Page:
It’s impossible of course. You’ll never know if you are or not, or who is.
You’ll never know how much someone else had help in getting that major gift, or running that big event, you’ll never know if that big gift they got was the result of a nod from a board member that had nothing to do with the Development Director, or perhaps it was the unsung heroes of the development office, the volunteers, the committee members, the interns.
It’s not really supposed to be about us. It’s supposed to be about the cause. But it IS about us in a way. We do have to think about ourselves. If we don’t dream of being the best fundraiser in the world, what do we dream of? Getting promoted? Getting a corner office in a college someday? Making our nonprofit irrelevant?
What’s your definition of how to be the best fundraiser in the world? Leave a comment.
Here’s how I think you could be the best fundraiser in the world.
0. Learn about oppression. Figure out if you are using oppressive terms, or oppressive behaviors.
1. Acknowledge your team. Constantly help them, learn what they care about, help them find educational opportunities, help them grow.
2. Seek to be a persuader and activist. Cleanse yourself of negative rankism, and cleanse your organization too by calling out rankism and workplace abuse. Create a dignitarian organization.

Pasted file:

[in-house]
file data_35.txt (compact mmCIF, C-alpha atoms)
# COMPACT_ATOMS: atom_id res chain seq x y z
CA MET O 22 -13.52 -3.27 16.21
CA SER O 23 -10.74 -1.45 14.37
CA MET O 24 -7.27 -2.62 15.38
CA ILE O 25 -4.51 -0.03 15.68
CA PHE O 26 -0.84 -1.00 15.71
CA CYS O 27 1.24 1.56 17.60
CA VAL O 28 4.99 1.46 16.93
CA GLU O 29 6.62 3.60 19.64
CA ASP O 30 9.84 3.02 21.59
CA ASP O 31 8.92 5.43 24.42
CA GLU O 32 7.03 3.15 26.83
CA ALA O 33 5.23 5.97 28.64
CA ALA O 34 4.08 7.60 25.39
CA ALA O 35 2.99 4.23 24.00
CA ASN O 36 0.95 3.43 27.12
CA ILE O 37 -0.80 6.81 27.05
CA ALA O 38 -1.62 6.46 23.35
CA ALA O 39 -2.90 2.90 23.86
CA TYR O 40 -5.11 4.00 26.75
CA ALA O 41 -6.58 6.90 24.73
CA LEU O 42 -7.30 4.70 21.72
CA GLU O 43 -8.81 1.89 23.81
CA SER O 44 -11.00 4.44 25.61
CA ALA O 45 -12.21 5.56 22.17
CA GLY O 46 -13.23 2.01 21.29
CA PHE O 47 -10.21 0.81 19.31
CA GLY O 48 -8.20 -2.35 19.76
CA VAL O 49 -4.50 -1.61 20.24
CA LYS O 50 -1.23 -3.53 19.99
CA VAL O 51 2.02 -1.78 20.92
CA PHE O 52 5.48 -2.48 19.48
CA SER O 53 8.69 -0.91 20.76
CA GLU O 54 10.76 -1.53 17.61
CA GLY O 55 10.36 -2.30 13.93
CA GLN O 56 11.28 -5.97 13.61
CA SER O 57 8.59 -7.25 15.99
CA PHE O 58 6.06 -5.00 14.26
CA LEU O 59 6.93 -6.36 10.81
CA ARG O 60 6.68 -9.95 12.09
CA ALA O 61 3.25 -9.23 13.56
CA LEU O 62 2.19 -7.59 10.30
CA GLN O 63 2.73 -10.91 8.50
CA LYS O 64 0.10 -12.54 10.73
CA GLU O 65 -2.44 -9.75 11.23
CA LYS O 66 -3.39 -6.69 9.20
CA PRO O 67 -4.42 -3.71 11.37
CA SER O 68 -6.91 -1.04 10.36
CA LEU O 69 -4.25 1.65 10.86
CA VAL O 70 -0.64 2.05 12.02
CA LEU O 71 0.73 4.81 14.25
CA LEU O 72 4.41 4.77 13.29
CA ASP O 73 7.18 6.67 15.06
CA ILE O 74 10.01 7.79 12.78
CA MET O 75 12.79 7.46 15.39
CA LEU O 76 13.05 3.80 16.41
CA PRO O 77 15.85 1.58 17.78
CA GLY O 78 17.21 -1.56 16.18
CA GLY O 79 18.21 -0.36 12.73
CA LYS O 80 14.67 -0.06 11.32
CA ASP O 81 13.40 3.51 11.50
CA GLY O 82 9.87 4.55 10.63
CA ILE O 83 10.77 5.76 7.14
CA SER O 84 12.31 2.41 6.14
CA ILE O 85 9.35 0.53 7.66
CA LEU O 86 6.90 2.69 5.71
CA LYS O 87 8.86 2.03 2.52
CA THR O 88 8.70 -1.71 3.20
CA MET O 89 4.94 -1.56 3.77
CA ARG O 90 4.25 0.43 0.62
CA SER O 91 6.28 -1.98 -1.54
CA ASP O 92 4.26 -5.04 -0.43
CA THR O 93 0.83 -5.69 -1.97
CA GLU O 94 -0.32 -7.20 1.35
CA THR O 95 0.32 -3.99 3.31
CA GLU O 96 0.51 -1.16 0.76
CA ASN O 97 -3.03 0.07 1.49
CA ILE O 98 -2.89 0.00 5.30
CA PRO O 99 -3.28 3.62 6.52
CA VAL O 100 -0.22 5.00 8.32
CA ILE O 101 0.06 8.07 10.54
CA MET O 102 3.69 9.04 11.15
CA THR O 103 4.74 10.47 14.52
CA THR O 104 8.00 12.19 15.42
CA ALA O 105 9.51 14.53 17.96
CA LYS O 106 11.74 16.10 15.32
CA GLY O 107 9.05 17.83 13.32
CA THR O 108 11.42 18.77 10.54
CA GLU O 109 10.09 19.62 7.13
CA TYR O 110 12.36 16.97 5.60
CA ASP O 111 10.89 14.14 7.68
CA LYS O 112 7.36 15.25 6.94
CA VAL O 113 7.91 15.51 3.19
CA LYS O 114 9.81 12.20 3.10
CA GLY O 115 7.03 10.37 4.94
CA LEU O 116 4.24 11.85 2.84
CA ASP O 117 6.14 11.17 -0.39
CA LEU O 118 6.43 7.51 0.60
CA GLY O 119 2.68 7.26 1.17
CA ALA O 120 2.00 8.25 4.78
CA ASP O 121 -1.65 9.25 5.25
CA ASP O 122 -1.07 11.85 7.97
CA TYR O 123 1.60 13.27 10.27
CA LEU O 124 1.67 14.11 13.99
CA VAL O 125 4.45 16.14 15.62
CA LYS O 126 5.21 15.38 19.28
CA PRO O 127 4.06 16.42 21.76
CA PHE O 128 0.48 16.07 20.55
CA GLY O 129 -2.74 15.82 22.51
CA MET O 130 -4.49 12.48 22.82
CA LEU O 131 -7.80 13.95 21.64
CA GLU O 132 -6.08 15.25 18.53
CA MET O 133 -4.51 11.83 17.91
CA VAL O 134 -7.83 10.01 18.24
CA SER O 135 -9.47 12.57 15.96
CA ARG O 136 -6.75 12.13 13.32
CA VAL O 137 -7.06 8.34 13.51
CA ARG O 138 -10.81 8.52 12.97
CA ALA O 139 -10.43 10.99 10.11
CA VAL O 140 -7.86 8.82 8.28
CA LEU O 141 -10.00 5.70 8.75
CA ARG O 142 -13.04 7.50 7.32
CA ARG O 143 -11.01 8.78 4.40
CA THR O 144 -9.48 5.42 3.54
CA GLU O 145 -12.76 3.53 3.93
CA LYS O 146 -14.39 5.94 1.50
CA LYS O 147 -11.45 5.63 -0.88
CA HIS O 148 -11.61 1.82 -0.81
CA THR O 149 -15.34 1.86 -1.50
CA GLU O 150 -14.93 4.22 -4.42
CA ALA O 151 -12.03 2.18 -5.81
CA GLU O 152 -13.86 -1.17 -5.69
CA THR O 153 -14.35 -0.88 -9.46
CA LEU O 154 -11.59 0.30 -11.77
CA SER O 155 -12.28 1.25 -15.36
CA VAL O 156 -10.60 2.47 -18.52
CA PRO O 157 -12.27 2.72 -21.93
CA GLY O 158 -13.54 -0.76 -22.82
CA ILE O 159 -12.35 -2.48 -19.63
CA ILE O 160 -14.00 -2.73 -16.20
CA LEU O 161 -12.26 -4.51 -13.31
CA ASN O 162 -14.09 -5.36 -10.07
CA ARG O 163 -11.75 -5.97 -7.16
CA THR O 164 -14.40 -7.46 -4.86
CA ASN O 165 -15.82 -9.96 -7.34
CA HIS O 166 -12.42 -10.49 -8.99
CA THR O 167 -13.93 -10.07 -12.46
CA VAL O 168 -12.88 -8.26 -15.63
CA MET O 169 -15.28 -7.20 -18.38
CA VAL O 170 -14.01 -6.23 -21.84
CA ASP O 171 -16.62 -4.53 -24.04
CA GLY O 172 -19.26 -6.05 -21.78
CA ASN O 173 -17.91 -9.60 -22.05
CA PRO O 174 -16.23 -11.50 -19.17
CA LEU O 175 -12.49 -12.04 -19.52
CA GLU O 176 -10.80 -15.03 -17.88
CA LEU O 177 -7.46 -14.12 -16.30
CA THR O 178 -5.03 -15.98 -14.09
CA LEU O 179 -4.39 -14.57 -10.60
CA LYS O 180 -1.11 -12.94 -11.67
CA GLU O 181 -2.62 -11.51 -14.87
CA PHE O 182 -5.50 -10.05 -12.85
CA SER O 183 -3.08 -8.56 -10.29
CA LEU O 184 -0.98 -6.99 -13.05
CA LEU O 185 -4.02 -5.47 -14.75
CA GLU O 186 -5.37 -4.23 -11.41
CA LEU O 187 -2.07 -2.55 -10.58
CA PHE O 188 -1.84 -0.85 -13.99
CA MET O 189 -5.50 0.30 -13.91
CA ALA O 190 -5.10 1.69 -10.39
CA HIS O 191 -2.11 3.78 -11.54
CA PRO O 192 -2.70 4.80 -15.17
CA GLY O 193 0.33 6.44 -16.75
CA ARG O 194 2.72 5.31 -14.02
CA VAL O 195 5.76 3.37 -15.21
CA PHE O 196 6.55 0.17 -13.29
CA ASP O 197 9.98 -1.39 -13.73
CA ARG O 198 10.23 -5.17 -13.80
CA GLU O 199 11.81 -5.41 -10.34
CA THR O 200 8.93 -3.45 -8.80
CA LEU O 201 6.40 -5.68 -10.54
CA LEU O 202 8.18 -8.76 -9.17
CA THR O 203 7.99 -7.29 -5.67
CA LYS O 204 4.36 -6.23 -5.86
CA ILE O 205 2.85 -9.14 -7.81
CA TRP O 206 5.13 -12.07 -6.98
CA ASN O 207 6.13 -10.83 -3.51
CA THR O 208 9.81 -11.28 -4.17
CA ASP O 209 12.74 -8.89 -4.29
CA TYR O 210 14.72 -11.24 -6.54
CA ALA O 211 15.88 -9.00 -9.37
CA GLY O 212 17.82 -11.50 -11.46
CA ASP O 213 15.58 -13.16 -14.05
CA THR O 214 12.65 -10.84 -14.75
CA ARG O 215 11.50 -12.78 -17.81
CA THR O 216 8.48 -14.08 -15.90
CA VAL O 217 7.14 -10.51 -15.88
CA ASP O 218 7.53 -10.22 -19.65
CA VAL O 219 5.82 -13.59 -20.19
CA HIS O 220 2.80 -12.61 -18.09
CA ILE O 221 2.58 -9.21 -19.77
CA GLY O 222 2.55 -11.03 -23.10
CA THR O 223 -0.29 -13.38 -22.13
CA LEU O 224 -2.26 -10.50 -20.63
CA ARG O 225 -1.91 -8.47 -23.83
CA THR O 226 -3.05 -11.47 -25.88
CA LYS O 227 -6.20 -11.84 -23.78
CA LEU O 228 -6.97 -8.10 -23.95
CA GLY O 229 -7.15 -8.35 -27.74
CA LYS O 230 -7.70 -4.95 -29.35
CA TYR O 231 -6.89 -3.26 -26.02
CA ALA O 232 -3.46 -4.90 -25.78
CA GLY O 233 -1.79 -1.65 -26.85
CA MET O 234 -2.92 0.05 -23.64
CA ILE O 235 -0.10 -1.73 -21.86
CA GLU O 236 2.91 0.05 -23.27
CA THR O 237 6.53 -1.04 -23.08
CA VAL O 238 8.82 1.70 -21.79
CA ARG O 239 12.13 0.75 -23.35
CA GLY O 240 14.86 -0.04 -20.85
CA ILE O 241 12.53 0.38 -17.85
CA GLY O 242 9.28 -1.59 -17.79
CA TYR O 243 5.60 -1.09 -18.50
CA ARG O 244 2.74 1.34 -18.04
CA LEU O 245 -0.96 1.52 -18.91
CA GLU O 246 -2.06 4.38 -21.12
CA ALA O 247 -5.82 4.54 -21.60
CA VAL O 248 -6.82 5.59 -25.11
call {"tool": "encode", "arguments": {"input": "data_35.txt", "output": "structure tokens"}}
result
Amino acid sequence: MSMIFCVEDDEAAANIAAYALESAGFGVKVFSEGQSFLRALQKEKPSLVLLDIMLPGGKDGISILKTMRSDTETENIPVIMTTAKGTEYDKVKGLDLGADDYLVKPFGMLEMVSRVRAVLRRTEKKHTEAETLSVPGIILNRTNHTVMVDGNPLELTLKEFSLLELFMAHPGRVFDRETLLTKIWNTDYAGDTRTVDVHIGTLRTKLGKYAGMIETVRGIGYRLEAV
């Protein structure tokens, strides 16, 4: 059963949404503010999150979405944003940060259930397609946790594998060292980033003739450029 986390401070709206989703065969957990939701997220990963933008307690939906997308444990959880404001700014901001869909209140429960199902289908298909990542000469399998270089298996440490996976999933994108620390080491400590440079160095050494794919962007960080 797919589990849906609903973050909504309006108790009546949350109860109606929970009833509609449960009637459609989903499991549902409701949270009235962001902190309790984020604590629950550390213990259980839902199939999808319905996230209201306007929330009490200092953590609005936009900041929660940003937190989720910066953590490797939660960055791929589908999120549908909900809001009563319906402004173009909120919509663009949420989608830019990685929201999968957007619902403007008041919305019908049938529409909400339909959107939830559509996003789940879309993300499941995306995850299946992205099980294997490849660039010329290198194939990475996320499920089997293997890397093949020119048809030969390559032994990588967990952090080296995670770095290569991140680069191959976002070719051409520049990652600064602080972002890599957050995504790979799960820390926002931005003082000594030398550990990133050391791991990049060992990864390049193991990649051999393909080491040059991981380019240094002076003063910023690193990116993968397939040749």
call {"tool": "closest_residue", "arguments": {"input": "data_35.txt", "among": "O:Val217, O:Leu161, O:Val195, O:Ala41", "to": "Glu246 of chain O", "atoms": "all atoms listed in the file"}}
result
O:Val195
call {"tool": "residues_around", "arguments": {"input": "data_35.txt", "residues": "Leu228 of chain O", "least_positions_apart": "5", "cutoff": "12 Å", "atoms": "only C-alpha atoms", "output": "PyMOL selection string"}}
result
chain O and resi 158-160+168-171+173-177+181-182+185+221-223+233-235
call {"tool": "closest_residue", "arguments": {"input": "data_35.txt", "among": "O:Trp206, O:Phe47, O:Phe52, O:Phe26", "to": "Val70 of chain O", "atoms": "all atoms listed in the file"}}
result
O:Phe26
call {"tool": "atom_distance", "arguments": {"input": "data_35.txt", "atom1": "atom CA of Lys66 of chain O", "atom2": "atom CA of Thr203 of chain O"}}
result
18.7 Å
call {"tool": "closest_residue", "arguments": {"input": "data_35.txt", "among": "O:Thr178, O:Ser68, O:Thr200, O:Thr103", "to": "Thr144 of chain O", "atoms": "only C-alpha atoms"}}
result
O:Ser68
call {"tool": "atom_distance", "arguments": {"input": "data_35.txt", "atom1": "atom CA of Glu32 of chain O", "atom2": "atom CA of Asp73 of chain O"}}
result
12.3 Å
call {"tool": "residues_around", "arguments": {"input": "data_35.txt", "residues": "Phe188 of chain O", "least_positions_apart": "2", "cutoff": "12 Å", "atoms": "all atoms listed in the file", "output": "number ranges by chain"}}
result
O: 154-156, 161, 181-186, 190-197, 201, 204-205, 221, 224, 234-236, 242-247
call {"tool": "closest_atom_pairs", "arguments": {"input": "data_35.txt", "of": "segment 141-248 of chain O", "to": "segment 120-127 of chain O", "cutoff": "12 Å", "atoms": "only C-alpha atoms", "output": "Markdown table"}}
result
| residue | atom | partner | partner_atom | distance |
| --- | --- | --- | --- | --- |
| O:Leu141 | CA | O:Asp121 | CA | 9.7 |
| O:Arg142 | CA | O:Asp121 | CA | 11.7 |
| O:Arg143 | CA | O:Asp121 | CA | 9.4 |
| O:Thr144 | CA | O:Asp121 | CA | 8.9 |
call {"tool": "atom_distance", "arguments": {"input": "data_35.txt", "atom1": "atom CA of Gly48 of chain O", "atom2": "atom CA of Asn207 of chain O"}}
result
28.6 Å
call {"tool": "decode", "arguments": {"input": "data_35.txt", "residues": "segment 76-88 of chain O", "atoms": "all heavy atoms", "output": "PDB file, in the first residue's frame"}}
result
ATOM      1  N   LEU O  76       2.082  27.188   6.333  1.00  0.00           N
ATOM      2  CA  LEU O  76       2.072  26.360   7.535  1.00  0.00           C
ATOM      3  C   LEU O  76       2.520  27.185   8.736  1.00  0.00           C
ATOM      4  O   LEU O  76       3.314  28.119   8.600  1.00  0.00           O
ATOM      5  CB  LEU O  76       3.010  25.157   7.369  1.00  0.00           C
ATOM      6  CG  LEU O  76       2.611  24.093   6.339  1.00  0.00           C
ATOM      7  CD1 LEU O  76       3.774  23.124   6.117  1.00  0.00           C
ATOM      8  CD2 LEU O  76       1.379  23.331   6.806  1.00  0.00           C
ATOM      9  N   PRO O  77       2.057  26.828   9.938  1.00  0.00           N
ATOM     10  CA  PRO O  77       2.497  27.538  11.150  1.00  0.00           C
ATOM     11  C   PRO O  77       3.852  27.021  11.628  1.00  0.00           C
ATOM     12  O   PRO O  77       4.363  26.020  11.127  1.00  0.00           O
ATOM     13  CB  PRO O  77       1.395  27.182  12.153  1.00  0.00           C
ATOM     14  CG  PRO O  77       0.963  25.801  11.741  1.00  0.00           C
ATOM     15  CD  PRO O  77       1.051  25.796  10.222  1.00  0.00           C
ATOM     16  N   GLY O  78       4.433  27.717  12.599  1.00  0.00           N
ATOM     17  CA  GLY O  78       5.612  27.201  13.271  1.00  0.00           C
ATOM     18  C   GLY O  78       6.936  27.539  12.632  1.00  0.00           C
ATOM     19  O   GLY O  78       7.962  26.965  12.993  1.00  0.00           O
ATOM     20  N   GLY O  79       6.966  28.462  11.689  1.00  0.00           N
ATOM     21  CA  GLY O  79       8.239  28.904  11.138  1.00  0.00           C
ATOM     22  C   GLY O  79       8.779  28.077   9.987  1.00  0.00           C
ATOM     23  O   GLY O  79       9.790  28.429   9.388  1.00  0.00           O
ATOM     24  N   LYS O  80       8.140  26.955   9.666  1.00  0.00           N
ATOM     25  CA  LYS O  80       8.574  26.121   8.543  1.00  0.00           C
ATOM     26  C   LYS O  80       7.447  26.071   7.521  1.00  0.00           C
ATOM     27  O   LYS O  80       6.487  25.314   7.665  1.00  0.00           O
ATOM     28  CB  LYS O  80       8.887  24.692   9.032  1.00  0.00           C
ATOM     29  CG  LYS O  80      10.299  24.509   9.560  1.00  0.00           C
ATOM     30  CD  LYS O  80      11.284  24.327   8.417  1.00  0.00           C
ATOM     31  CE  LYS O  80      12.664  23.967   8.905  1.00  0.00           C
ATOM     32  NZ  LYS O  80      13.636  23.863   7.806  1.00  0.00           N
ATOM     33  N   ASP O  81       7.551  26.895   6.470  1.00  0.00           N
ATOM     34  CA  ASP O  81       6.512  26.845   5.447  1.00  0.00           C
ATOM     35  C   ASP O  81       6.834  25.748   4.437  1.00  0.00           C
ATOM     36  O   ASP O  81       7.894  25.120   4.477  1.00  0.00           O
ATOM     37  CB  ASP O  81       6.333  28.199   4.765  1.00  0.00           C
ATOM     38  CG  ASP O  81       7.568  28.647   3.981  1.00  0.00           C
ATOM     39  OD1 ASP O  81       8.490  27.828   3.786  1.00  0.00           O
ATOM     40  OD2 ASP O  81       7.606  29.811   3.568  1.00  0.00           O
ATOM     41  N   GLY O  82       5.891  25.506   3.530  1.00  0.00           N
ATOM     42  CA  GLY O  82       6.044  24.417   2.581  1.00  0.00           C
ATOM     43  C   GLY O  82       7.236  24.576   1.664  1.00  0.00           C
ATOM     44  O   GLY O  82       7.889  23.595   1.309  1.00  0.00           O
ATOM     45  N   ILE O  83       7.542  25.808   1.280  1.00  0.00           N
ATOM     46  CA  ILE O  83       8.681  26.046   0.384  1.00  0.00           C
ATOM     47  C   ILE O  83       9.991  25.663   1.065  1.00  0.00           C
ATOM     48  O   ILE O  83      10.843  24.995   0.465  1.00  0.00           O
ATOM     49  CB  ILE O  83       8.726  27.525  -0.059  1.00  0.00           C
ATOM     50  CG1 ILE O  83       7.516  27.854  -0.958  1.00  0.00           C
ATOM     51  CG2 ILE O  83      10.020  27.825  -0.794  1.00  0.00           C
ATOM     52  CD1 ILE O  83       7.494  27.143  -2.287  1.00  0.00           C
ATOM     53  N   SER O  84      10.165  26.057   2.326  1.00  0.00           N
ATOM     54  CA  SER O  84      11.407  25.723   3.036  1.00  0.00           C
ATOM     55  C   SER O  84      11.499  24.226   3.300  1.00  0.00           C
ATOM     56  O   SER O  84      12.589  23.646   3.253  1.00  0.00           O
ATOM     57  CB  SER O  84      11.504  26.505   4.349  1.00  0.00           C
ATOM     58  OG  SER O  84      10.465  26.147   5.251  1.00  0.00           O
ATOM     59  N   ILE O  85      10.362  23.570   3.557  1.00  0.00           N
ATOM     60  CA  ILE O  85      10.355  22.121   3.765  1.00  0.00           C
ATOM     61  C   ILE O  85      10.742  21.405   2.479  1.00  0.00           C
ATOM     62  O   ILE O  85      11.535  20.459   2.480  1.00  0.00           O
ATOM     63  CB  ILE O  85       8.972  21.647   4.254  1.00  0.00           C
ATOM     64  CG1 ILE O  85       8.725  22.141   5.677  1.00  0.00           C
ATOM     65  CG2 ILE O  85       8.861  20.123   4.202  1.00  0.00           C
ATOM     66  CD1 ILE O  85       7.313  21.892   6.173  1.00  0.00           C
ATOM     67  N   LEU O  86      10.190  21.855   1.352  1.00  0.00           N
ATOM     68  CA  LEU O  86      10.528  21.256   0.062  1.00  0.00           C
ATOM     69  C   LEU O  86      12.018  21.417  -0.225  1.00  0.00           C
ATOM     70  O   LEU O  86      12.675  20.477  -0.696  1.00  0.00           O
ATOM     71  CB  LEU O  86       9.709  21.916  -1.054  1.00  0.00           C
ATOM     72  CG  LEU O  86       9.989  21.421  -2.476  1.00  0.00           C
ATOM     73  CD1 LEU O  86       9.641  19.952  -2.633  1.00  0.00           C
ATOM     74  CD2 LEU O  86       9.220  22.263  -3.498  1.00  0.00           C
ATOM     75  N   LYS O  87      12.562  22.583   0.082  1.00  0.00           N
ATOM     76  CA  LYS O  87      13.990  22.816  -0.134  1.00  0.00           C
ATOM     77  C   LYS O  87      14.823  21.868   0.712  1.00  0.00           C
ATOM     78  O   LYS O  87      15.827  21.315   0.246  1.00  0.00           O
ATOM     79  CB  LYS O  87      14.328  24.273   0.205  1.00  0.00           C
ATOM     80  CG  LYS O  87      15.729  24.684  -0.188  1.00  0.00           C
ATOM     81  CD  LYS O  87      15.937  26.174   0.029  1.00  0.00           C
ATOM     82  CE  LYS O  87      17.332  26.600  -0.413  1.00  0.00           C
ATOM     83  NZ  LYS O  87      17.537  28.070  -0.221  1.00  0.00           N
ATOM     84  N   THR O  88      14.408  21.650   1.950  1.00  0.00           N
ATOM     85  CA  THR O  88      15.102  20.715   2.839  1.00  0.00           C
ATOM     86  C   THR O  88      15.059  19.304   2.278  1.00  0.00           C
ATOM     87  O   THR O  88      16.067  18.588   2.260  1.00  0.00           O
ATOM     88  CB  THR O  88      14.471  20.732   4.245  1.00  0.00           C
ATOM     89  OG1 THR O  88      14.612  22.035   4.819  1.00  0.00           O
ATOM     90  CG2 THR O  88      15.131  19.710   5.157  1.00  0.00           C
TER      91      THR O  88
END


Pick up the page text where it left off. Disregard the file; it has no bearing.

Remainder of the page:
3. Take the time to reassess why you are doing this. If your energy is flagging, if some aspect of your job drags you down, what would make you feel better? If you know you can’t get the respect/kudos/support you need from board or Executive Director, ask yourself how to make a jump.
4. Get good at creating financial reports and checking yourself. You need to have concrete fundraising metrics and goals, and strategies for what action steps you’re going to take if you’re not meeting these goals. This pre-supposes that you have a database that makes financial reports. If you don’t have this, I hope you can hear my foot tapping.
5. Remain curious about how to best build relationships and mobilize your community. Perhaps your mode of communication is the telephone. But your supporters want you to text them. Or vice versa. You need to be constantly searching for new ways to get people excited about what your nonprofit is doing, listening to what your community wants and its complaints, and strive to be there for them.
6. Be a researcher about your own organization. Interview everyone. Where could you do things better? Is there an FAQ for each job and how people do it? Investigate, help your team apply lean principles, and repeat.
I know, it takes courage and time to do this. If you’re swamped in a small shop with no resources, it’s exhausting just reading this list. But if you want to be the best, then I believe this is what you should do. Seth Godin says “Be a linchpin.” I believe that these tips will help you achieve linchpin status at your nonprofit.
And perhaps the AFP or the Nonprofit Times or the Chronicle of Philanthropy is never going to
call you the “best fundraiser,” but you will know it, and the people in your organization and your community will know it. And that is what matters.
Take a step. Just one step per week. Every small step is a big step. Start now.